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Title: The effects of sediment loading on morphology and flood risk in a lowland river system
Author: Dangerfield, Stephen F.
Awarding Body: University of Nottingham
Current Institution: University of Nottingham
Date of Award: 2013
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Diffuse sources of sediment may have important implications for flood risk management (FRM), especially as catchment sediment yields are predicted to increase in future. UK legislation requires FRM to work with natural processes wherever possible, including accounting for sediments. However, the importance of wash-material load to FRM has been under researched and both a robust evidence-base and practical sediment models are needed to identify, prioritise and justify sediment-related catchment management. Research addressing these issues was centred on the River Tone, a sub-catchment of the Parrett, in which features excessive inputs of sediment in its upper catchment combined with high potential for deposition in its lower reaches. Links between sediment sources, water and sediment runoff, and downstream sediment sinks were established and the research examined the role played by sediment, especially wash-material load, within the fluvial system. The greatest sediment-related threats to the functioning of this lowland river stem from either: a protracted, major reduction in wash-material load; or a significant increase in bed-material load. Imbalance in the Tone fluvial-sediment system may not significantly affect flood risk directly, but has implications for FRM operations, maintenance and monitoring. Impacts on land quality result from soil loss. For example, ~2.5 million tonnes of soil has been eroded from the Parrett catchment since WWII. Water quality issues include delivery of phosphate and other pollutants into the river, and potentially more frequent dredging that remobilises contaminants. The thesis defines the key sediment-related components of sustainable, integrated catchment management and provides an improved evidence-base upon which to engage stakeholders. It tests and benchmarks sediment assessment tools including the Sediment Impact Assessment Model (SIAM). An approach to catchment-scale sediment assessment for lowland rivers is recommended, which involves a nested-approach using routinely collected and project-specific field data, stream power screening and SIAM.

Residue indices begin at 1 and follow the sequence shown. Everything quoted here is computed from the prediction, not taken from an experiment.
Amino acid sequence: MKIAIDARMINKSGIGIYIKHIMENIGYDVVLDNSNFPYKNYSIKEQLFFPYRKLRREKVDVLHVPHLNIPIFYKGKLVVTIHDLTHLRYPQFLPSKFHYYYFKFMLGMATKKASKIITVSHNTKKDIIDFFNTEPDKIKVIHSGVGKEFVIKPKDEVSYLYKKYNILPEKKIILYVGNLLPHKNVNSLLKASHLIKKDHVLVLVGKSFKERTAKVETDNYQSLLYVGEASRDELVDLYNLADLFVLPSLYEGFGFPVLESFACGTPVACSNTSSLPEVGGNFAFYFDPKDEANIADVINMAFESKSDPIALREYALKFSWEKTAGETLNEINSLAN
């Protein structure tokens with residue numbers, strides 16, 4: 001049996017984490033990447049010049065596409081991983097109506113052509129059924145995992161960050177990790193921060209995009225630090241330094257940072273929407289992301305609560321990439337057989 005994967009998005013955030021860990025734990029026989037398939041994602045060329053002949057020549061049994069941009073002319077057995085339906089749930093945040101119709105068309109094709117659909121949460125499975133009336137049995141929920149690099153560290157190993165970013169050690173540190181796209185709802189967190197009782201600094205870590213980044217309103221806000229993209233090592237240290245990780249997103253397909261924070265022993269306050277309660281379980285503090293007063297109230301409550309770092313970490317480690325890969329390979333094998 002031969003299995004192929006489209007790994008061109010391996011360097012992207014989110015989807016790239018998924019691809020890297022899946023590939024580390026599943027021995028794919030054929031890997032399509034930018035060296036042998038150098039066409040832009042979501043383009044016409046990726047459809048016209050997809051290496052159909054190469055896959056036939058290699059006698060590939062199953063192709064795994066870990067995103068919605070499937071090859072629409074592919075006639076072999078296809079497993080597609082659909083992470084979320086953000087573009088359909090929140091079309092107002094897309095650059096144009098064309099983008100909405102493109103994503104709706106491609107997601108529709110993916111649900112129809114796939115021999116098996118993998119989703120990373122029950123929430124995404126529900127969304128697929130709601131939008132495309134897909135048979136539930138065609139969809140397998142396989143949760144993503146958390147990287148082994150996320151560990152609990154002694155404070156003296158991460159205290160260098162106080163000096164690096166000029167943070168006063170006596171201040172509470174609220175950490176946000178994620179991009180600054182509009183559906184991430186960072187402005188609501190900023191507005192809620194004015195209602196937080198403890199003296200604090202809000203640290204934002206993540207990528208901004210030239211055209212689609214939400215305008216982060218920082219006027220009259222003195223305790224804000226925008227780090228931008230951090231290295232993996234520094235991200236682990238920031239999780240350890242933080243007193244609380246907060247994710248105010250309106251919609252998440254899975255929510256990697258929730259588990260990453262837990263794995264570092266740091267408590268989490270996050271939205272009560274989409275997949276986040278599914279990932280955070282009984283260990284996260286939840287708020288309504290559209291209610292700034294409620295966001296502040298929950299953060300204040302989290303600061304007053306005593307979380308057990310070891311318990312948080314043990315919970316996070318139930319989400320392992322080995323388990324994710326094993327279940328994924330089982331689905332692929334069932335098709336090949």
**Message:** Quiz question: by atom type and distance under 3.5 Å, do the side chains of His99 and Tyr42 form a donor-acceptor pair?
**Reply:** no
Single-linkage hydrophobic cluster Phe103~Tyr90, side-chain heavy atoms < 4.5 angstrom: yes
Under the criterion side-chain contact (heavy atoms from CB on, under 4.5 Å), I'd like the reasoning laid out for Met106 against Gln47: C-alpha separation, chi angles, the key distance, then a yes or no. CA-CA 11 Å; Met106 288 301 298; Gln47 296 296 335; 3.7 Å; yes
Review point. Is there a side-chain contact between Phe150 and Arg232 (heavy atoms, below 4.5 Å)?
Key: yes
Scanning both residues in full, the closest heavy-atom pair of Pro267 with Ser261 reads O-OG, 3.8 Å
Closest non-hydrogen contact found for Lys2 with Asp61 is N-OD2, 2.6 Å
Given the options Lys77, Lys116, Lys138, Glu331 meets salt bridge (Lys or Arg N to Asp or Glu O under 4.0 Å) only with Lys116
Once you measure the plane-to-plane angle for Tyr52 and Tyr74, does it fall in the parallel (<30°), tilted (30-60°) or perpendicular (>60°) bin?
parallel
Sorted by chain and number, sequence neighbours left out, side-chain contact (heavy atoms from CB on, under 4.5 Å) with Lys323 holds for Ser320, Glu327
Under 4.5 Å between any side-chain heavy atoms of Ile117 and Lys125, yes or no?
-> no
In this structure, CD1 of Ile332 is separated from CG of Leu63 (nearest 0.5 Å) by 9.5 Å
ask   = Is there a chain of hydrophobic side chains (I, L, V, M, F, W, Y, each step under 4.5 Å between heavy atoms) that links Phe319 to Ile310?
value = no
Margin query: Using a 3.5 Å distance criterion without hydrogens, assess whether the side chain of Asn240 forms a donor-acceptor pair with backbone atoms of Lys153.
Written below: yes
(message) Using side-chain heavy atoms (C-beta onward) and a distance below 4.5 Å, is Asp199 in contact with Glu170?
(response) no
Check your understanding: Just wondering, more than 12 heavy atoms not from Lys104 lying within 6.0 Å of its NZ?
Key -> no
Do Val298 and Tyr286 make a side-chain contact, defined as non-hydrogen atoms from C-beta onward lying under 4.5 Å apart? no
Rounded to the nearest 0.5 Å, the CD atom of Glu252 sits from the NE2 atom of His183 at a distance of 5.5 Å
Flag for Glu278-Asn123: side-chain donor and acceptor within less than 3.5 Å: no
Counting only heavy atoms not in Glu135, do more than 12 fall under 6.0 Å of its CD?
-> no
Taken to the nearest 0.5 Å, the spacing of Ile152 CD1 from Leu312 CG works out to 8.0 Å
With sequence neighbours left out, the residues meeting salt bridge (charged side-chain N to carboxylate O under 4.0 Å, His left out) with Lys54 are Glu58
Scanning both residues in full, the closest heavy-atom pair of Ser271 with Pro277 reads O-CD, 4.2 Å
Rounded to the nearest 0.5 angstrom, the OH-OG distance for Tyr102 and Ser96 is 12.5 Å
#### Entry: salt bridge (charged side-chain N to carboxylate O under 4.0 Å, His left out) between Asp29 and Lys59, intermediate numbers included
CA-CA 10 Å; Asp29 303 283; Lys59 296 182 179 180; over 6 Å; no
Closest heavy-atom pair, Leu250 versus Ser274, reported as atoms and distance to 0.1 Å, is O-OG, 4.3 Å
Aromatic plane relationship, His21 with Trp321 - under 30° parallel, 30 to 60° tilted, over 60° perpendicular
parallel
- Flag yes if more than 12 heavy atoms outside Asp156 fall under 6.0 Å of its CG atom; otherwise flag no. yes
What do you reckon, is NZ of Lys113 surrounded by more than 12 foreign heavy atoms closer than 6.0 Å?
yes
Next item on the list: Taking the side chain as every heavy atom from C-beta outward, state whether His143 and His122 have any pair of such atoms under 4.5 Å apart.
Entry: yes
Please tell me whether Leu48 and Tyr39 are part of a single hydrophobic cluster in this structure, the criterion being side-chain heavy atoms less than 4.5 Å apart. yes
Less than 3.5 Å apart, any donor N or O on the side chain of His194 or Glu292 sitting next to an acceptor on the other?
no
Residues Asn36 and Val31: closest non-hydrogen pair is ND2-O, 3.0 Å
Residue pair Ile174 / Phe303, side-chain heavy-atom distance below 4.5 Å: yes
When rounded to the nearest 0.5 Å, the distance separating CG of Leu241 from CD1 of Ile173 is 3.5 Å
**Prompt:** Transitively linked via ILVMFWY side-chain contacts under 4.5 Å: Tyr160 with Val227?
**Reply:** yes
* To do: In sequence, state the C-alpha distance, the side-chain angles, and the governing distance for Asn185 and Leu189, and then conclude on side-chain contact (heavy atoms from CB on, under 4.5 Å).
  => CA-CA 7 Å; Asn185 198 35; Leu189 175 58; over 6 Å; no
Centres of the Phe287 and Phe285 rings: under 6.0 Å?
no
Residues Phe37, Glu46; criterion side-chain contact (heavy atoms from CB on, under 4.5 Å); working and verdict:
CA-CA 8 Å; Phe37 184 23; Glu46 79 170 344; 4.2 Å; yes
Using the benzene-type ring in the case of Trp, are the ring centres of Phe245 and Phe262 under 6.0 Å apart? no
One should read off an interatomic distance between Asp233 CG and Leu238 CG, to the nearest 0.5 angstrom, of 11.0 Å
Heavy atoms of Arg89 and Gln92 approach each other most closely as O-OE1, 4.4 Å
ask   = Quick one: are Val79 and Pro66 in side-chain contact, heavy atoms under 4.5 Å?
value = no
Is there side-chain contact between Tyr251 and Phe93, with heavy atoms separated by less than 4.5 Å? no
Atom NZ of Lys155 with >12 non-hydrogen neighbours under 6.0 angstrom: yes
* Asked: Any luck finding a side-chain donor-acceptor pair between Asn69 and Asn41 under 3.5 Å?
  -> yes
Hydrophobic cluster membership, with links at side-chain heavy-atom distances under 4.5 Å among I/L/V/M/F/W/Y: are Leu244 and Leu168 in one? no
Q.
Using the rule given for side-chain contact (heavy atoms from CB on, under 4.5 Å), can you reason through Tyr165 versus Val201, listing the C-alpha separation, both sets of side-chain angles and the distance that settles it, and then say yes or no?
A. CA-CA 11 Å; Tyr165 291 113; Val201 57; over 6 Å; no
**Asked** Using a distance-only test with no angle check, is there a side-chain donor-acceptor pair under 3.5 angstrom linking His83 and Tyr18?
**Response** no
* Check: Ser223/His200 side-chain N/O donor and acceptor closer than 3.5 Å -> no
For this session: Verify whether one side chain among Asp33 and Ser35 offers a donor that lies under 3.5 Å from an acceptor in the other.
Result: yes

Supervisor: Not available Sponsor: Not available
Qualification Name: Thesis (Ph.D.) Qualification Level: Doctoral
EThOS ID:  DOI: Not available
Keywords: TC Hydraulic engineering. Ocean engineering ; GB Physical geography